How To Plan Your Trip To Japan

Planning my trip to Japan took a better part of 6 months – from the date I finally committed and booked my tickets to the date of departure. I didn’t plan every single day of those 6 months, but I did read up quite a bit. Japan is definitely not one of those places where you just take a plane there and wing it – although I’m sure tons of people do it that way. I’m a planner and a list-maker. It just makes me feel better to know that I won’t land in a foreign country (even one as safe as Japan) and not have anywhere to stay or not know where to go.

Two of the most invaluable resources that I used to plan my trip were – – Japan Guide is free, up-to-date, and very informative. There are a bunch of day and half-day plans on the website that is very useful for first-time travelers.

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Fodor’s Japan Travel Guide – Fodor’s has always been my travel guide of choice – it’s easy to read, colorful, and offer great tips about the culture and etiquette with an abundance of general useful information.


And now, I’ll walk you through the steps that I took in planning my 2.5 week trip to Japan.

Step 1: Pick where you want to go – Japan is much like America in the sense that going from one city to the next could take 1 hour or it could take 10 hours. Decide on which region or cities you want to visit.

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Step 2: Pick when you want to go.

The best times to visit, in my opinion, are:

  • Spring from March – April for Cherry Blossom Season
  • Fall from late September to late October for Fall Foliage Season

The winters are harsh and cold and the summers are hot and humid – very similar to the weather on the East Coast/Mid-Atlantic area of the USA. I knew I didn’t want to go during these times because I get enough of that bad weather back home!

Step 3: Decide where you want your home-base to be – you don’t want to be packing up your luggage and traveling to another hotel, AirBnB, or hostel every 2-3 days. It’s a hassle as well as time-consuming.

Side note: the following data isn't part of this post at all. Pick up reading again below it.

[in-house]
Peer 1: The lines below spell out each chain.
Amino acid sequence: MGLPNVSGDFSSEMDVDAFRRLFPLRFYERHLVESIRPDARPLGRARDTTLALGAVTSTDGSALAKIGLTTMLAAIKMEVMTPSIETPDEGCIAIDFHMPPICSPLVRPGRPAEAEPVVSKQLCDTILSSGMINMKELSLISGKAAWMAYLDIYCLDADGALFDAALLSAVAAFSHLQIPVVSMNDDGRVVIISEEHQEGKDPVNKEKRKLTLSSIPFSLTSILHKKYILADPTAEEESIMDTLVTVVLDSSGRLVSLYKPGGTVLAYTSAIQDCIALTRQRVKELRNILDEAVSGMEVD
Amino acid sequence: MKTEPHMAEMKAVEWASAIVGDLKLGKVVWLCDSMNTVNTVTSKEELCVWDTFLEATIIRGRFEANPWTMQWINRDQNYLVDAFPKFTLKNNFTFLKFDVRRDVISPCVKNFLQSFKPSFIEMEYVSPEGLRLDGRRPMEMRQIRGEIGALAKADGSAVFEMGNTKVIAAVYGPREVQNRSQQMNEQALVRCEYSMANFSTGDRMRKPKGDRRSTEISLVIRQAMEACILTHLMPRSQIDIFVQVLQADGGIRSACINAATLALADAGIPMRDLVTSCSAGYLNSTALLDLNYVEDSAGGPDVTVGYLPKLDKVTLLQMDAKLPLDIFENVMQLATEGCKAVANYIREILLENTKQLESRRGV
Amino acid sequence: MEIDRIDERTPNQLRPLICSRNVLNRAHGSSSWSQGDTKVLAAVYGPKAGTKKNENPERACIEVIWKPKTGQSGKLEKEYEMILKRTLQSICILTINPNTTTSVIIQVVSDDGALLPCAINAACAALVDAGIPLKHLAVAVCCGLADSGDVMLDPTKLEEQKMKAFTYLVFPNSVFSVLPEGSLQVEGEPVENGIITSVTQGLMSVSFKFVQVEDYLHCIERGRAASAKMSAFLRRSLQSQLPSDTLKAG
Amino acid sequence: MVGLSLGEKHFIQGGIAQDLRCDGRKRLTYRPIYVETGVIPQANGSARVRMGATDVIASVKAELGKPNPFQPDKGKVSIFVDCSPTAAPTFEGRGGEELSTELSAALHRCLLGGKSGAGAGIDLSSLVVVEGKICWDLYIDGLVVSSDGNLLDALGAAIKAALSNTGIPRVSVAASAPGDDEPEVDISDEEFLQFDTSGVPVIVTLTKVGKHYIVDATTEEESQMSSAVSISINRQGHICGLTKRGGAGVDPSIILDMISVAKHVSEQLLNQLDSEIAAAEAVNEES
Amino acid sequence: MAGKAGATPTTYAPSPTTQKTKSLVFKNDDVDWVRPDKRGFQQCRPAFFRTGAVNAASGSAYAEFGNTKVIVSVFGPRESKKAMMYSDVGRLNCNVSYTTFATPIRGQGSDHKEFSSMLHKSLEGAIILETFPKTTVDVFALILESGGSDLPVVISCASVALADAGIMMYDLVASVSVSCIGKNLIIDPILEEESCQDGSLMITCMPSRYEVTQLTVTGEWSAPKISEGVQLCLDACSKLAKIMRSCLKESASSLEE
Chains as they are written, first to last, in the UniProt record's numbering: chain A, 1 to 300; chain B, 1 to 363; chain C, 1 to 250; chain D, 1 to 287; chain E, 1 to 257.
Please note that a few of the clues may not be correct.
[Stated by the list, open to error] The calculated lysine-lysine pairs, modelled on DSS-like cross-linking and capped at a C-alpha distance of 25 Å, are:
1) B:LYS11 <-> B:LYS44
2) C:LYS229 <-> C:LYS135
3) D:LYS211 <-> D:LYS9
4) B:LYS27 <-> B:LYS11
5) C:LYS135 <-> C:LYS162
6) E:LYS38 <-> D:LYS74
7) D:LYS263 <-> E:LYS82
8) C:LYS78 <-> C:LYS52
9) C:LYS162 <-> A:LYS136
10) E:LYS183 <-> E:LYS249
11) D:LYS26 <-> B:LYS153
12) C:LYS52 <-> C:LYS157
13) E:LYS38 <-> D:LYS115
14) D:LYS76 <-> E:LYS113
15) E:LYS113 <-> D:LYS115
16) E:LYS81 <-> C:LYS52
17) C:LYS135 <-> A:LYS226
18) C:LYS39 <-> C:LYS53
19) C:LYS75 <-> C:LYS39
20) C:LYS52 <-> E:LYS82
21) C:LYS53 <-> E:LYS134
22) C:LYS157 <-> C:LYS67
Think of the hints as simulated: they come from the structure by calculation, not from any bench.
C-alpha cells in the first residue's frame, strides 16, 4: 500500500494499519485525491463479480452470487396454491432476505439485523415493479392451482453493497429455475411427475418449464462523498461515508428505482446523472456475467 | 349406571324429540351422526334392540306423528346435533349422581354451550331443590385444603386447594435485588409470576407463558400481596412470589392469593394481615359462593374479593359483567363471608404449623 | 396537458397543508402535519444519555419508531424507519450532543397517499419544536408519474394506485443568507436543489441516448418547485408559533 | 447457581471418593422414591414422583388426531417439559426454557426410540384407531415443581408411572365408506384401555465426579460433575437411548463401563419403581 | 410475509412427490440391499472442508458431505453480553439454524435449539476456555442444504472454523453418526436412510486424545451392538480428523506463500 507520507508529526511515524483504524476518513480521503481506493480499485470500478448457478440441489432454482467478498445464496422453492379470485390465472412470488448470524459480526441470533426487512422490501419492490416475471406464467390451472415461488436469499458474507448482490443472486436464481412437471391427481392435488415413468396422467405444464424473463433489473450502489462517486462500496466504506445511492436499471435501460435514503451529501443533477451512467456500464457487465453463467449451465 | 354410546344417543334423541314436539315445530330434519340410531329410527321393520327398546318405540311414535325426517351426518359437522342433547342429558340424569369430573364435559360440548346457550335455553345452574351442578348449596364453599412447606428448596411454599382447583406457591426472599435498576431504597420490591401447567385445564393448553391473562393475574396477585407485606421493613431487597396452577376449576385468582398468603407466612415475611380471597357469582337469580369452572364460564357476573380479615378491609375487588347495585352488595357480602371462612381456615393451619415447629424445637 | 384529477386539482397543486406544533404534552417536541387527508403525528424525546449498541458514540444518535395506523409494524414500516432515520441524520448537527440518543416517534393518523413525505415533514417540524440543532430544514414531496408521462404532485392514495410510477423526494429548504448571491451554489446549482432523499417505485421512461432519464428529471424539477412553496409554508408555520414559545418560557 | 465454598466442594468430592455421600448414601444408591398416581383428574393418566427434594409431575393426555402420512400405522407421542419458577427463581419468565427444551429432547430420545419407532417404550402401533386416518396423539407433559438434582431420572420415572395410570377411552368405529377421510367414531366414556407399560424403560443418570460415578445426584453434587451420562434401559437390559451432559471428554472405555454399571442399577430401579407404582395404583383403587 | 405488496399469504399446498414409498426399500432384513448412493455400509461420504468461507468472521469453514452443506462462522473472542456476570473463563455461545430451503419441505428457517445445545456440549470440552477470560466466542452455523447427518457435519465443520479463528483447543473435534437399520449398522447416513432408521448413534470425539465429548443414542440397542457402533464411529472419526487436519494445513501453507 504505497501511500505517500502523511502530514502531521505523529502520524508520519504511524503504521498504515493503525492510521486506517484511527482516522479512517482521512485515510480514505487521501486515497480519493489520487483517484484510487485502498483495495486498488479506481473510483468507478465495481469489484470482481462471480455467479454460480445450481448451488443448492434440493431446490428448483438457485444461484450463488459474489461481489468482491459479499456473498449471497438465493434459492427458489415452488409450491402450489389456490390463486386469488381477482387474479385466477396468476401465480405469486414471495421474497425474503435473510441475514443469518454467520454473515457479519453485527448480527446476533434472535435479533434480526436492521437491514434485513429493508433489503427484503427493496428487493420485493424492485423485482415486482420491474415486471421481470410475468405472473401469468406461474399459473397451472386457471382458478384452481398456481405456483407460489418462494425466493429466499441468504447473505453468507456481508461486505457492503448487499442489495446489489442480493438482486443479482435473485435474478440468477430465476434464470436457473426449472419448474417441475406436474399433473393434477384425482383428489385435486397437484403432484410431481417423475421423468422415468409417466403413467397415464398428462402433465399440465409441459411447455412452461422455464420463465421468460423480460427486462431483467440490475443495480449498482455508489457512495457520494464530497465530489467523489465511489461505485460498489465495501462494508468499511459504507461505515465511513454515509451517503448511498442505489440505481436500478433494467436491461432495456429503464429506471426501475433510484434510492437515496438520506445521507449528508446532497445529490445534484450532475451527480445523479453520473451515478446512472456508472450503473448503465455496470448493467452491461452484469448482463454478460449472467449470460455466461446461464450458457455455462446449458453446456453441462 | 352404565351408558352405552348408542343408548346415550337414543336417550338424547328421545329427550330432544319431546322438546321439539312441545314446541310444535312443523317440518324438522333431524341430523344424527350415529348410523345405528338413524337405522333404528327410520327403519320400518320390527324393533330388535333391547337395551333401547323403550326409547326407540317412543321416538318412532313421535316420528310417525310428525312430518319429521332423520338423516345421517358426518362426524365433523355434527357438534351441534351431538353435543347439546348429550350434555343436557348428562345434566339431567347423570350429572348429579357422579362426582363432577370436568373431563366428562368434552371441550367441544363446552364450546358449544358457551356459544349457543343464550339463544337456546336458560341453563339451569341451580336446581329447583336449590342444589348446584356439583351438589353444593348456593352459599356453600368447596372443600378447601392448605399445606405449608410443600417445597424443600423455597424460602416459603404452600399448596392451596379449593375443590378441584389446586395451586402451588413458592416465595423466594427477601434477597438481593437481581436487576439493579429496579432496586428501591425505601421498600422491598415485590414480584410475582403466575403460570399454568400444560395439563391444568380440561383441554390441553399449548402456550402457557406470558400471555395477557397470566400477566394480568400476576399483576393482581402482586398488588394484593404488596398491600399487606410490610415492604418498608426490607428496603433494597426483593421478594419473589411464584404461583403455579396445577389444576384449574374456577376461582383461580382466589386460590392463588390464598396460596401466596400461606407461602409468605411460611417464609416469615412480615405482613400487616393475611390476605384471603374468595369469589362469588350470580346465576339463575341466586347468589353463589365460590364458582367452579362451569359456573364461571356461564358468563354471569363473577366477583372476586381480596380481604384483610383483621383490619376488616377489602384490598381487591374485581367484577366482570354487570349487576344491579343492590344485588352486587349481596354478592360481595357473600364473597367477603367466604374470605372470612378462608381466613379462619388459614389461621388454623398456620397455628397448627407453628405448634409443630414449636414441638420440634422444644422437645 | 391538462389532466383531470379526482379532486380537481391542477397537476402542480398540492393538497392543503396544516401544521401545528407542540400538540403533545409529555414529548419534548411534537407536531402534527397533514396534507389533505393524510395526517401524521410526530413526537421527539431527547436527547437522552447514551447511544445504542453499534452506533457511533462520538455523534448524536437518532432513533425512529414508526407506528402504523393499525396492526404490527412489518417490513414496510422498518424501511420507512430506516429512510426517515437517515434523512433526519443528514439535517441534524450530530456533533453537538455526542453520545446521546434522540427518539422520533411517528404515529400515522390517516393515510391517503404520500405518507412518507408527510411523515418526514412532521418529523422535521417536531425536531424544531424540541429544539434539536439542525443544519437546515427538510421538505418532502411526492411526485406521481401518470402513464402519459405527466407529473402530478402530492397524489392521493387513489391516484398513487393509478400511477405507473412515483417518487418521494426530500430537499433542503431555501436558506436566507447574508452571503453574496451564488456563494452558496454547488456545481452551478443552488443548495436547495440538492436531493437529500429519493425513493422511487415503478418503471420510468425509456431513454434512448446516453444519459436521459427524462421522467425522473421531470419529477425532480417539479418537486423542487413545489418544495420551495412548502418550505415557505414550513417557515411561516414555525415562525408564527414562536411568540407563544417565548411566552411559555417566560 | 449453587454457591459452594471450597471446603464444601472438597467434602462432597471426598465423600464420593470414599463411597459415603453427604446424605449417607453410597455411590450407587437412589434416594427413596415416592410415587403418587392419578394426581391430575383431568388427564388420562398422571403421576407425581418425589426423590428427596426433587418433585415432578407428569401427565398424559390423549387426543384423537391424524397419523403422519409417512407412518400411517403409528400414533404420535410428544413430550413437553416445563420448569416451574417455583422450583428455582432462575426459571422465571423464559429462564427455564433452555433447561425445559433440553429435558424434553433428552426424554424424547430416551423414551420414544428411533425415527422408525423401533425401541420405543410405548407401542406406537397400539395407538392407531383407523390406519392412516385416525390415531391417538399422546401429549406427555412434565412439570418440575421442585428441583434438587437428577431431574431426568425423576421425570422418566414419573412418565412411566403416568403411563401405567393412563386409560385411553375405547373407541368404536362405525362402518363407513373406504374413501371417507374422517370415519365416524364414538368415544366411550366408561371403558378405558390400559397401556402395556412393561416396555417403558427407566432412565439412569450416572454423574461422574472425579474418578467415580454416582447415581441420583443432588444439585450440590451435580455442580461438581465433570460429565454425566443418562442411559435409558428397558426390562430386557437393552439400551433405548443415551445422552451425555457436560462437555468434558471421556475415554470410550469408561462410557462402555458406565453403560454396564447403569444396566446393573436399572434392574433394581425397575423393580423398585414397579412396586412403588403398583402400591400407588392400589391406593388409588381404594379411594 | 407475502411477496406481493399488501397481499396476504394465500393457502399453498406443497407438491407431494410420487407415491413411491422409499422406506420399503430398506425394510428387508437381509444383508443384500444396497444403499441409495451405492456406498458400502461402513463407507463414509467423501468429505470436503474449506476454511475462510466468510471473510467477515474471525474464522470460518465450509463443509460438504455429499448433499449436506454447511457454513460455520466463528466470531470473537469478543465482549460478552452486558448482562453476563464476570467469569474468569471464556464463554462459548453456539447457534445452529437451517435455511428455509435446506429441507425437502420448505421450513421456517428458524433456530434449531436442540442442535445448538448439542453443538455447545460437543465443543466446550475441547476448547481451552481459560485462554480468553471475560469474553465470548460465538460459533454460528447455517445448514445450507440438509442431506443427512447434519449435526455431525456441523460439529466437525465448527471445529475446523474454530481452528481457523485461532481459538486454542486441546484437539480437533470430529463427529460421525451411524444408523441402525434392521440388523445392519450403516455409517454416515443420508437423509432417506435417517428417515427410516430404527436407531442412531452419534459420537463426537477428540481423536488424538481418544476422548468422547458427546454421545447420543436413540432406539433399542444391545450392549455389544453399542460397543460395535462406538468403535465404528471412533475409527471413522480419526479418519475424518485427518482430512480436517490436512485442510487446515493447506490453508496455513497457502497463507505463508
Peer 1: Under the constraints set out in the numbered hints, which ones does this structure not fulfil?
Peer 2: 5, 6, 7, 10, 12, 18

For me, I picked a central location in Tokyo (Shin-Okubo area inside Shinjuku) and for Osaka/Kyoto, I picked one of the two and traveled using the train to get to the other.

Step 4: Decide what you want to do. I found the most logical method was to divide Tokyo, Osaka, and Kyoto into location pockets and then look up the attractions in each pocket. This way, you don’t waste your time taking the train to and from different areas. Take some time to get to know each area and find what interests you. You don’t necessarily need to follow the “Must-See” lists because they might not fit you.

For example, to block out my two days in Kyoto, I spent one day exploring Western Kyoto and the second day exploring Southern and Eastern Kyoto. It’s definitely “doable” to try to do all of Kyoto in one day, but you won’t get to truly explore if you’re jumping from block to block to block.


Step 5:
Think about all the tickets you’ll need to buy or reservations you’ll need to make in advance. A lot of places only take reservations or sell tickets 30 days in advance – be aware of your dates and when you’ll need to make reservations. For example, the onsen I visited in Hakone only took reservations for private rooms 30 days in advance.

Hakone Yuryo, private room #3 – book 30 days in advance via email or phone.

Step 6: And lastly, just have fun! Go with a plan so you know you’ll do the things your heart is set on doing. For me, the Studio Ghibli Museum, Tokyo Disney, and Shirohige’s Cream Puff Factory were a MUST (and none of them disappointed at all). But also give yourself time to explore and discover – have a list of things or areas that can be of interest, but don’t feel pressured to get to them all. You won’t see it all. Just think of it as a reason to return!



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